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Old 11-27-2011, 11:10 PM
g
 
Default penta-booting hard-disk: who would administer the hard-disk office?

On 11/26/2011 04:50 AM, g wrote:
> On 11/26/2011 04:13 AM, Ed Greshko wrote:
> <>
>
>> What part isn't true? Nowhere in what I've written did I compare SL
>> with Fedora.
---

i did not say that you did.

>> Nowhere did I make any claims of stable v.s. unstable.
---

i never said that you did.

>> So, I'm puzzled as to why you would do so.
---

it was only a comment about sl.

> whoa mule. 8-D
>
> i made no such statement.
>
> i wrote;
>
> }> i presume that you have not installed and used Scientific Linux for
> }> any length of time. tho i may be wrong.
>
> have you install SL?
>
> i have and there where no default *scientific* programs installed.
>
> unless you consider "Dia", a graphics diagram editor as 'scientific'.
>
> in kde's menu selection, there is a heading of 'Science & Math', which
> is empty.
>
> menu does have 'KCalc', scientific calculator, under 'Utilities/Desktop'.
>
> granted, i may have moved them to where they are not, too long to recall
> for sure, but is do not consider them "scientific".
>
> i also have a menu headings of "Electronics/Analog/Mixed Signal Design"
> with "XCircuit Schematic" which runs 'xcircuit', but iirc, i installed it.
>
> i guess i could pull out my backed yum logs and check for sure, but that
> is a little more trouble than worth.
>
>> SL is RHEL recompiled from source with the RH copyrighted materials
>> removed....
>
> most all of them.
>
>> just like CentOS. Right?
>
> this i can only presume because centos site claims to do so.
>
> i did install centos a few years ago and did not like it from start, so
> i removed it.

++++

On 11/26/2011 12:32 AM, Ed Greshko wrote:
> On 11/26/2011 12:04 AM, Linux Tyro wrote:
>>> Years ago I ran an LUG internal to a company and it helped the new hires
>>> learn the ins and outs.
>> You do still ran that? How often you come to India or you have ever been to?
>
> I don't do that any longer. I used to go to Mumbai, Bangalore, and
> Chennai.
>>> Of course you can install openSuse. I'm just surprised that, being a
>>> beginner, you'd install that distro when their community seemed a bit
>>> hostile when it came to, what they felt, were basic questions that could
>>> be easily answered by doing a bit of research.
>> Yeah, I could have Googled but that showed me terrific results and for
>> a newbie, it was painful so I got afraid in the beginning.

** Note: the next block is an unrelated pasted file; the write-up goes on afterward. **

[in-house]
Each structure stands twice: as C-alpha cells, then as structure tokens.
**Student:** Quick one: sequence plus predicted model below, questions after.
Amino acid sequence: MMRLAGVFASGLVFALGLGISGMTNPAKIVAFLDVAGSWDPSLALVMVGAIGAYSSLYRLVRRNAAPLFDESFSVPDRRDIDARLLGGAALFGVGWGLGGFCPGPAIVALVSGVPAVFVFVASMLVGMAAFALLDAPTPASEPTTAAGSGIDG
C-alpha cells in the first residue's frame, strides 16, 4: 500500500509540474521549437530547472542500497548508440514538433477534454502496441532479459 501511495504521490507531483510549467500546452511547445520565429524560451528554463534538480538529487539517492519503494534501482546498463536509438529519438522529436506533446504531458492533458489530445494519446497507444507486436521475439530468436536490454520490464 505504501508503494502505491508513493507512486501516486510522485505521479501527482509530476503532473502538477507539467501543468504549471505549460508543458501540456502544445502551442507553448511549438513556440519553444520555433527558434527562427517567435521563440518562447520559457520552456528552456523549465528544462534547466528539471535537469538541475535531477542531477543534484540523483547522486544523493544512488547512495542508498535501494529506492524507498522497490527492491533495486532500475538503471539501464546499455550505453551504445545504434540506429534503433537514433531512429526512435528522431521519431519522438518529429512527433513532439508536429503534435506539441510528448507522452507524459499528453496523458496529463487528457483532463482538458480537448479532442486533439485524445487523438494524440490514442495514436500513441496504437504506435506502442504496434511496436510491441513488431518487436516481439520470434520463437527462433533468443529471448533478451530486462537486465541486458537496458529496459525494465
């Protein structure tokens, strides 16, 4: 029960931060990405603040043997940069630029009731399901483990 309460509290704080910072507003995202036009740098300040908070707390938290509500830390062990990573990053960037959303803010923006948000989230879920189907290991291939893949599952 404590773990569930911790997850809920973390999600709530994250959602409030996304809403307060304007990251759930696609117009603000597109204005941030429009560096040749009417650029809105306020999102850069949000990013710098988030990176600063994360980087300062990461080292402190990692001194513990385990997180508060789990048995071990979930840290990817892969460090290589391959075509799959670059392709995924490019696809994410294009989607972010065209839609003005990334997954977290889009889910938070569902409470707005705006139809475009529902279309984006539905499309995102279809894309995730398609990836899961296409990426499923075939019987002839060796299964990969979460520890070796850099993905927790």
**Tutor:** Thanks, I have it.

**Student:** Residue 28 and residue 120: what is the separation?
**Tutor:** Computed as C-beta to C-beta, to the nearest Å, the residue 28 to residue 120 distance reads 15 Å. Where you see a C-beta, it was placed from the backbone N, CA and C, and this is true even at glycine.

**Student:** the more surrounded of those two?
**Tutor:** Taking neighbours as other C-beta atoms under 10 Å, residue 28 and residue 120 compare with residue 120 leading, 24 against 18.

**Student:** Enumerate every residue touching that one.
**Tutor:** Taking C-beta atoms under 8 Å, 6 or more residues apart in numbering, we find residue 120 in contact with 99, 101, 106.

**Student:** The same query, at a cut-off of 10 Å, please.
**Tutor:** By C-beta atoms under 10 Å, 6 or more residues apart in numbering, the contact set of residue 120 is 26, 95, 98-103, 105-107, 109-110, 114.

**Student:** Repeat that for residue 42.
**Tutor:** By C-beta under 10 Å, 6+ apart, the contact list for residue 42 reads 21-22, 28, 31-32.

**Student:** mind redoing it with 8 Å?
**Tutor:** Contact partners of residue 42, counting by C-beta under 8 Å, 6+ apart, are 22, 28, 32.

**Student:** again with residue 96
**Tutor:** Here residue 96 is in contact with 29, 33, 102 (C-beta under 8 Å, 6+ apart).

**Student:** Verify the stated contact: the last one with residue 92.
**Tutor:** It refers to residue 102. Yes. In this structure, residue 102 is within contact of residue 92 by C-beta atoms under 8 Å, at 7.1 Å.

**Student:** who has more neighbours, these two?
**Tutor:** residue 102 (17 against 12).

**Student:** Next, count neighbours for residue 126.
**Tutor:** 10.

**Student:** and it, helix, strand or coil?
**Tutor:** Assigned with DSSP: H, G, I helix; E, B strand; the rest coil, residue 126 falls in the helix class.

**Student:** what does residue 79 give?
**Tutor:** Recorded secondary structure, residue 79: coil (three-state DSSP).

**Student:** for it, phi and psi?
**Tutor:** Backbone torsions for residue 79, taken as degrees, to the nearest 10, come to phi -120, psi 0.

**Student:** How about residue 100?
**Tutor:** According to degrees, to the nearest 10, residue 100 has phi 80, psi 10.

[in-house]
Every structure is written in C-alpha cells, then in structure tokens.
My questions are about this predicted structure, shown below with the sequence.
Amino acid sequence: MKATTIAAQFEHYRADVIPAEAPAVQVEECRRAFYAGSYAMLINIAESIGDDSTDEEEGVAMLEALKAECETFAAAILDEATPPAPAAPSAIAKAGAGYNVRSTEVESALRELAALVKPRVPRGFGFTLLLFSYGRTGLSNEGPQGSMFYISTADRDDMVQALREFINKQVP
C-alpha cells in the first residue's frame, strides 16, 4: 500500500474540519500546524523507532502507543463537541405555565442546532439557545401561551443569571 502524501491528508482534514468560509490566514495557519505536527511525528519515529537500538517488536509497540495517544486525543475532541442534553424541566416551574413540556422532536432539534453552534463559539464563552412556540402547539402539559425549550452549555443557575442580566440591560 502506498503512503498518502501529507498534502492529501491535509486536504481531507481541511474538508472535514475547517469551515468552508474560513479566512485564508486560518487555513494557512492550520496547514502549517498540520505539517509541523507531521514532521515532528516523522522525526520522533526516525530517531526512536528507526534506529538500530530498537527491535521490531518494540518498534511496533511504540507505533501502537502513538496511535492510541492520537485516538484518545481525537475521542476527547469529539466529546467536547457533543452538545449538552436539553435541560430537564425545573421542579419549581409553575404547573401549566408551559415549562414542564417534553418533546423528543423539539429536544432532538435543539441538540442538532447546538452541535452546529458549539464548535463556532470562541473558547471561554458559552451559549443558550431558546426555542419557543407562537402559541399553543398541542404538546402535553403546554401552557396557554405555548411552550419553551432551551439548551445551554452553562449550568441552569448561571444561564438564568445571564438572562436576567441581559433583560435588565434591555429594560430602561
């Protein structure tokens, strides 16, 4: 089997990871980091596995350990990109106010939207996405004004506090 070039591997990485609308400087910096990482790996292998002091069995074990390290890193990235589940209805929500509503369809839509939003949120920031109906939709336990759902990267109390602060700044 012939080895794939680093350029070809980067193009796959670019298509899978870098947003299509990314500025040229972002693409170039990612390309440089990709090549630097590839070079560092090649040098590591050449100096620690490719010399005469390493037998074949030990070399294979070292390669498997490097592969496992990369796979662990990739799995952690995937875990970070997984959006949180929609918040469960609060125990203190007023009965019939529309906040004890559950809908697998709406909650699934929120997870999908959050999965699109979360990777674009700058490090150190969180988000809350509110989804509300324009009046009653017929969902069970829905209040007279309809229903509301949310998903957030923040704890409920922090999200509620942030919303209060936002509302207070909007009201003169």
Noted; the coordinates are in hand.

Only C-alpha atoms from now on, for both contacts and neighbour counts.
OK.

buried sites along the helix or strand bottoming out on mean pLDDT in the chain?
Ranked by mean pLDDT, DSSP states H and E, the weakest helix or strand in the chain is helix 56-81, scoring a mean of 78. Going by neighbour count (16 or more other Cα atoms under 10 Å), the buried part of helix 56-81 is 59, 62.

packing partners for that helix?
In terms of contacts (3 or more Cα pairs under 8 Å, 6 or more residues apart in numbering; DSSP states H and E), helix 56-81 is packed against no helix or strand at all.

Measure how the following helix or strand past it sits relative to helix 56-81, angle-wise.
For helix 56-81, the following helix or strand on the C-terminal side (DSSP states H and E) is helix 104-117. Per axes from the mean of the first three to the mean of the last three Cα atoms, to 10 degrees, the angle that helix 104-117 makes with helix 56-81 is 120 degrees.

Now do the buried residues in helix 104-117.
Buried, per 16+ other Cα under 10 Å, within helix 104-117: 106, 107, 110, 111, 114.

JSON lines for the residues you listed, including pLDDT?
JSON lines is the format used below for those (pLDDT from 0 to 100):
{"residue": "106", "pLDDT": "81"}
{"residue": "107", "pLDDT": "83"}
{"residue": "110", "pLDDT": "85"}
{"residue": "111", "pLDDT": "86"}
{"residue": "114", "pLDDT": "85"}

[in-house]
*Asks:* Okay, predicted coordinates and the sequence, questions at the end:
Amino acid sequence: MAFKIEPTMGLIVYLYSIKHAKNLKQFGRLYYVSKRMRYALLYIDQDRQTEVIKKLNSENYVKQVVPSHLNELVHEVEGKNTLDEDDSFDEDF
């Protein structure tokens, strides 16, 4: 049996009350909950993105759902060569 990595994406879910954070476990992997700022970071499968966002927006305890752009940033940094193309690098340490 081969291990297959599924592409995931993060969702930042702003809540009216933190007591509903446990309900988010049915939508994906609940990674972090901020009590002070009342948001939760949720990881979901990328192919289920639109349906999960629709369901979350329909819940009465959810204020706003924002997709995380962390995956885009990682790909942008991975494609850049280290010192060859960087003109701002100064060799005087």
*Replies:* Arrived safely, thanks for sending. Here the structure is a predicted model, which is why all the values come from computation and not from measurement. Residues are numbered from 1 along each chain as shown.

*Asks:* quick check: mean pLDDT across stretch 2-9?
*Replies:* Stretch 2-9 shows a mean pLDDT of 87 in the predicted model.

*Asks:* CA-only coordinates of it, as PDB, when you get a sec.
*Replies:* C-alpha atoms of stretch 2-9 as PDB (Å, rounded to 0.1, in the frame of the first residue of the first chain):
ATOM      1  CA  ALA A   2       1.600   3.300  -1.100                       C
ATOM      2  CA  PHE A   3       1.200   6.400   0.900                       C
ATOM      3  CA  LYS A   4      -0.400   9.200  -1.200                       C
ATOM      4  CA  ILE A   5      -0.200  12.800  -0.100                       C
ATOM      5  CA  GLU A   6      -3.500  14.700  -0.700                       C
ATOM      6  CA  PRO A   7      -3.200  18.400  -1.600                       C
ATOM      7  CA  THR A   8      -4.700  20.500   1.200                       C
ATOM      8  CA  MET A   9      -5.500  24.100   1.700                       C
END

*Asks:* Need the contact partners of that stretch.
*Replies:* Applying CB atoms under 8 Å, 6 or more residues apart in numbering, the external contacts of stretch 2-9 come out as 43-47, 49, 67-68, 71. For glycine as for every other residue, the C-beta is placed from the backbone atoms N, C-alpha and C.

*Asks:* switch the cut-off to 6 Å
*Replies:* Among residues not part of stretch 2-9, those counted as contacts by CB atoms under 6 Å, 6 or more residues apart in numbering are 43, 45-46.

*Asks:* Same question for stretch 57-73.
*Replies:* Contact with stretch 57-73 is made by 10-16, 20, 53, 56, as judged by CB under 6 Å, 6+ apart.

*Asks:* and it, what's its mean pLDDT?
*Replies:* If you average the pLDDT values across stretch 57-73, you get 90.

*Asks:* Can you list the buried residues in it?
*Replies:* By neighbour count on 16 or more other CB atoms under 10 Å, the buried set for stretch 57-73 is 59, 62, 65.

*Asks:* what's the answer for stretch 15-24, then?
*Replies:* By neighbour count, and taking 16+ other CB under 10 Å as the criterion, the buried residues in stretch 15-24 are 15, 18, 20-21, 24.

>
> Since you like to quote what others have said: "No pain, no gain".
> Besides, IMO, one learns more by trial and error than having someone
> tell you what to do. That is another reason I like the VM method. You
> can take a snapshot of your system and if you completely mess it up all
> you have to do is restore it from the snapshot.
>
>>> I still like using VM's for my "alternate" distros as it is easy to take
>>> snap shots as you muck around and you can have multiple distros up and
>>> running at the same time so you can compare things. Also, when and if
>>> you get tired of a particular distro you just delete the VM's. Makes
>>> redistribution of empty space a whole lot easier.
>> Okay VM, hmmm, but I guess we lose some functionality in VM, however,
>> this is just a newbie guess.....Rather, if Live CD is there, why not
>> to play around a few and then see...?
>
> Really, the only major functionality that you'll lose is the direct
> interaction between the O/S and the display hardware. That is only a
> minor inconvenience since you can install all the major GUI's on your
> primary O/S and experiment with them there.
>
> In another area you talked about Scientific Linux, and Fedora and openSUSE.
>
> Scientific Linux is simply a variant Red Hat Enterprise Linux just as
> CentOS is. It just packages, and installs by default, applications for
> the "scientific" community.
---

last paragraph is what i was actually referencing to:

}> installs by default,

which sl does not install by default. only adds packages. which in a later
post you correct yourself.


}> applications for the "scientific" community.

is an application not a program, regardless of what it does? tho, so i
would have stayed to your liking and used term 'application'.